People accountable for online 'reviews'
One Oregon law is so far behind the times that it ignores the Internet as a place where defamation can occur. This week, however, the Oregon Court of Appeals opened the way for legal action against people posting negative and untrue online reviews of businesses.
In the newspaper business, we’re well acquainted with state laws on slander, libel and defamation.
Those laws provide significant protection for free speech and the rights of fair comment, extra latitude in writing about “public figures” and protection from punitive damages if a mistake is admitted openly. We carry libel insurance, but in my 40 years here we have never been required to pay damages for something published in this newspaper.
The state law on damages for defamation refers to statements “published or broadcast in a newspaper, magazine, other printed periodical, or by radio, television or motion pictures.” Statements published on the Internet, of course, can be equally defamatory, but the law hasn’t caught up with the challenges of online anonymity nor with the ever-changing Internet content that is more difficult to document than with print or broadcasts.
In this week’s decision, the plaintiff is a Eugene-area outdoor wedding venue. A California man, after attending a 2011 wedding at the site, posted a blistering review of the facility and services, prompting a $7,500 defamation lawsuit by an owner who said business nosedived after the comment was posted on Google Reviews. The man, said his attorney, was “simply expressing his opinion.”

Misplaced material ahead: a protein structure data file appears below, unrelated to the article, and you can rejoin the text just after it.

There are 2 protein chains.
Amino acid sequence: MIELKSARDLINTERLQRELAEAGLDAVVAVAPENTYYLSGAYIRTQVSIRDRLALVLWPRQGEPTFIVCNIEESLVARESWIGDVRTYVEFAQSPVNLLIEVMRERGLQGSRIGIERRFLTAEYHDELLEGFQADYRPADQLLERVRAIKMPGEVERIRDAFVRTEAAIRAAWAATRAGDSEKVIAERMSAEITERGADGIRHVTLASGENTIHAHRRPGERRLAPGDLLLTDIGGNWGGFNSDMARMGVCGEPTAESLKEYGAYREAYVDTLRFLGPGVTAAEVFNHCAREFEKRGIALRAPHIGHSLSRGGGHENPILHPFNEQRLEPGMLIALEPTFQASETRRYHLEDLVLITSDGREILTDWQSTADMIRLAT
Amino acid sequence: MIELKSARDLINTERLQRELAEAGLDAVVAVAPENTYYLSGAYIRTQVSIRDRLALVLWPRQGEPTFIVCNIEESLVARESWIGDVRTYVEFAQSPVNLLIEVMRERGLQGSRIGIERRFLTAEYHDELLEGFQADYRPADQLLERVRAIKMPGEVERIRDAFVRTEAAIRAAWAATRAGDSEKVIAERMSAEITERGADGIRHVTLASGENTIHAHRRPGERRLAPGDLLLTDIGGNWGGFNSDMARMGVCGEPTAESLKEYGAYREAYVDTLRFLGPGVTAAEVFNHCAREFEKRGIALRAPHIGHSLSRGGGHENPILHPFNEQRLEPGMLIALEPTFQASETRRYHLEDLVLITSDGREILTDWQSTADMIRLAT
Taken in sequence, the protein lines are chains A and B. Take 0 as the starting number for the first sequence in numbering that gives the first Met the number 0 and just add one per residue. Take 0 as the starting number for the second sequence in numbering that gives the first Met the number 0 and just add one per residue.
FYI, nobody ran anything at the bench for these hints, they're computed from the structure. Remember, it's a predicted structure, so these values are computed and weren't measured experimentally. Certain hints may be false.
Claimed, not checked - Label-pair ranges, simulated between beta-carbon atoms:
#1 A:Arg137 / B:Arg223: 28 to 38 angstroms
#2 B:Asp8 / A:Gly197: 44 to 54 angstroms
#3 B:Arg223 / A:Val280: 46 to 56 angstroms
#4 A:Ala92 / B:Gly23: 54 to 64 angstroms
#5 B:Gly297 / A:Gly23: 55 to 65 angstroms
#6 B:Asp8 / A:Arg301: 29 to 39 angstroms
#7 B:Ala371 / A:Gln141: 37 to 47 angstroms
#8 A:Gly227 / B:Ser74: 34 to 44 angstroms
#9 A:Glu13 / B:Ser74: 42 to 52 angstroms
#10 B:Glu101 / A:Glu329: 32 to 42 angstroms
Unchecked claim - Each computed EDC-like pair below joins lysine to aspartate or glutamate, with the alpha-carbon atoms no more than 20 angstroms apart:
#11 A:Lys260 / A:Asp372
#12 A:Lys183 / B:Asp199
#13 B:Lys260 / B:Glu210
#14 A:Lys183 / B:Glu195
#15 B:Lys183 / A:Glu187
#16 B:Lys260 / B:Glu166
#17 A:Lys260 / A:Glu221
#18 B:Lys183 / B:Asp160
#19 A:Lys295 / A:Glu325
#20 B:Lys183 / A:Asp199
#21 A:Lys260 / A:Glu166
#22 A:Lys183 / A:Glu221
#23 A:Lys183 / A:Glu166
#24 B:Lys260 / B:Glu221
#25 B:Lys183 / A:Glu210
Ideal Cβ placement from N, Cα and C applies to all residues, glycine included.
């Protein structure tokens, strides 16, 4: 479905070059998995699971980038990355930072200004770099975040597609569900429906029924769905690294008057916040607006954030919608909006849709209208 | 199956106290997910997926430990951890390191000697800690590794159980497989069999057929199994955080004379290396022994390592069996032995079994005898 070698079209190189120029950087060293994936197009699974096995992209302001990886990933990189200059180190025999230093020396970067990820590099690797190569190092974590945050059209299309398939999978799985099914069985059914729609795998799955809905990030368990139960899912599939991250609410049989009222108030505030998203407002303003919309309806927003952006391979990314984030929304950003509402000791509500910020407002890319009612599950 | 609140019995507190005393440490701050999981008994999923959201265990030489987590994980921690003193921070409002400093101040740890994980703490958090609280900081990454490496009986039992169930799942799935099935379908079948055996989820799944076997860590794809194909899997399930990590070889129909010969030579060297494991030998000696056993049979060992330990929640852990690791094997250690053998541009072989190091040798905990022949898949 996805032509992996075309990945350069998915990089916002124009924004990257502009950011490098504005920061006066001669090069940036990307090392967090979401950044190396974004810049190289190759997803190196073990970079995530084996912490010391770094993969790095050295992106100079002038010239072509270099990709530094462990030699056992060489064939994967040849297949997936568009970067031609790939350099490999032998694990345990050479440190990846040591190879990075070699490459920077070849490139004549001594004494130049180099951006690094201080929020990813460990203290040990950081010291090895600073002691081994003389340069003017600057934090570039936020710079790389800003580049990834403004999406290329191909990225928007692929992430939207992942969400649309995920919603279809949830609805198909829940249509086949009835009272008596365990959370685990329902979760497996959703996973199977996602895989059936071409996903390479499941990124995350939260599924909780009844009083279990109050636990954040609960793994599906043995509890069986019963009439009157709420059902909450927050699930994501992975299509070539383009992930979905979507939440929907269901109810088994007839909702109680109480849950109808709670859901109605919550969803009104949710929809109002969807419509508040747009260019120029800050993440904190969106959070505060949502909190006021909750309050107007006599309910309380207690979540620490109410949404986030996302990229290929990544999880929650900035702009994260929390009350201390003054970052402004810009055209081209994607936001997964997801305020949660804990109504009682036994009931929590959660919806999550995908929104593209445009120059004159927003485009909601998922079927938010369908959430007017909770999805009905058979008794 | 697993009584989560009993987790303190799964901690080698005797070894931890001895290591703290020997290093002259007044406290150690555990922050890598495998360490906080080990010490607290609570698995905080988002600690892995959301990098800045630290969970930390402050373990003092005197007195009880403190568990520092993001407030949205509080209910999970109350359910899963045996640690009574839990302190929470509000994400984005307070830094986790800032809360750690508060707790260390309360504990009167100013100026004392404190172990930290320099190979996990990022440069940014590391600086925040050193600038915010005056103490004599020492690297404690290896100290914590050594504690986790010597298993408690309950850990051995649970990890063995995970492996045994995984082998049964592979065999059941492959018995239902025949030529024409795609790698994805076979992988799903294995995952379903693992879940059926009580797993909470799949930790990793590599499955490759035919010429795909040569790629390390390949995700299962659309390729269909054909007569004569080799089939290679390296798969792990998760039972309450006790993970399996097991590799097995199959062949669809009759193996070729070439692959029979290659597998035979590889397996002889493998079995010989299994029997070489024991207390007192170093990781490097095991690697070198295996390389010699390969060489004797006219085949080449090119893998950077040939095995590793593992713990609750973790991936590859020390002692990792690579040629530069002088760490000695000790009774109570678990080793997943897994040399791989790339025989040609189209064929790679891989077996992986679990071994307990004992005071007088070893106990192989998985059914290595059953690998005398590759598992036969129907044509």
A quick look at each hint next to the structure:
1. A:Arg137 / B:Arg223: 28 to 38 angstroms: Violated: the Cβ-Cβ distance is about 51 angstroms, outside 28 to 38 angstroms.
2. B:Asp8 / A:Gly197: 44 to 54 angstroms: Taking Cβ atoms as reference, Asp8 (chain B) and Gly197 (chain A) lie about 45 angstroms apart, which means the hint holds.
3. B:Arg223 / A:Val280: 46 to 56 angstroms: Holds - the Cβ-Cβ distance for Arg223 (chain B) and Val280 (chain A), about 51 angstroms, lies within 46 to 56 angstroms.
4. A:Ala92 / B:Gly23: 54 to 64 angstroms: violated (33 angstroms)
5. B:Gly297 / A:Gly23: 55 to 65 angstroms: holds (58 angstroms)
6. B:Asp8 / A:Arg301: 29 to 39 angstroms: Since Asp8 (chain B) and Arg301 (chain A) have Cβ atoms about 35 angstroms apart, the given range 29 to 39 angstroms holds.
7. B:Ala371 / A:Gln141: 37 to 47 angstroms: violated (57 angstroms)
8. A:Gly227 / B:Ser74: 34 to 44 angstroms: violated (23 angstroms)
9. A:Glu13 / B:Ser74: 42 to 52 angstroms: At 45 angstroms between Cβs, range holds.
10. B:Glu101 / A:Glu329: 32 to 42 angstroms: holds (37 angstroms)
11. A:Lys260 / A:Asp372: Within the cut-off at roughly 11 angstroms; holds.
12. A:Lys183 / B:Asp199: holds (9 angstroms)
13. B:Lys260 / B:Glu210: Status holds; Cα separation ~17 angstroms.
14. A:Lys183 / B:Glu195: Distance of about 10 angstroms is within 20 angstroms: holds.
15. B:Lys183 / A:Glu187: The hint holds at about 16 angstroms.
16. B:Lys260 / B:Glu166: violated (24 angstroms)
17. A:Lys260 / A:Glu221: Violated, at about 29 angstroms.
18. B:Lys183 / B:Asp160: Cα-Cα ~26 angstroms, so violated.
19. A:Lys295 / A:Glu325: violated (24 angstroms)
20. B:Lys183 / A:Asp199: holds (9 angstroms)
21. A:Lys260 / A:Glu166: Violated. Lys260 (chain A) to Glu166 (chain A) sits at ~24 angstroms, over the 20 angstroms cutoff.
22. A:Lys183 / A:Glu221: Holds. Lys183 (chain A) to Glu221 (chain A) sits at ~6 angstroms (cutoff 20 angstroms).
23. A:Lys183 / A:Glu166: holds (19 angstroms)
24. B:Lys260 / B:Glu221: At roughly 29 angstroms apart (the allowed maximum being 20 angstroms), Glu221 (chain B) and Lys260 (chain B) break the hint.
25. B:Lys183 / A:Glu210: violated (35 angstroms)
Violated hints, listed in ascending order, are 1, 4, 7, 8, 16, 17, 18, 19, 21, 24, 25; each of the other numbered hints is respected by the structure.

People have come to believe they are unassailable when posting personal reviews on Google, Yelp, Trip-Advisor, Facebook, Twitter, Angie’s List or the thousands, perhaps millions, of online blogs or other web locations accepting reader comments.
Oregon law protects free speech in public forums, so a Lane County Circuit judge threw out this lawsuit. But the Court of Appeals panel concluded that the plaintiff should have the opportunity to prove that “factual statements” alleged in the man’s online post were untrue.
Truth always is a great defense in defamation lawsuits. When the truth is in question, protection for expressing opinions is an important element of the law. But untruths that cause damages and are not corrected after a demand for retraction are not protected – in print, over the air or online.
Lots of people will be watching this Oregon defamation case go forward. People should consider it before posting their next online review.
Jeb Bladine can be reached at email@example.com or 503-687-1223.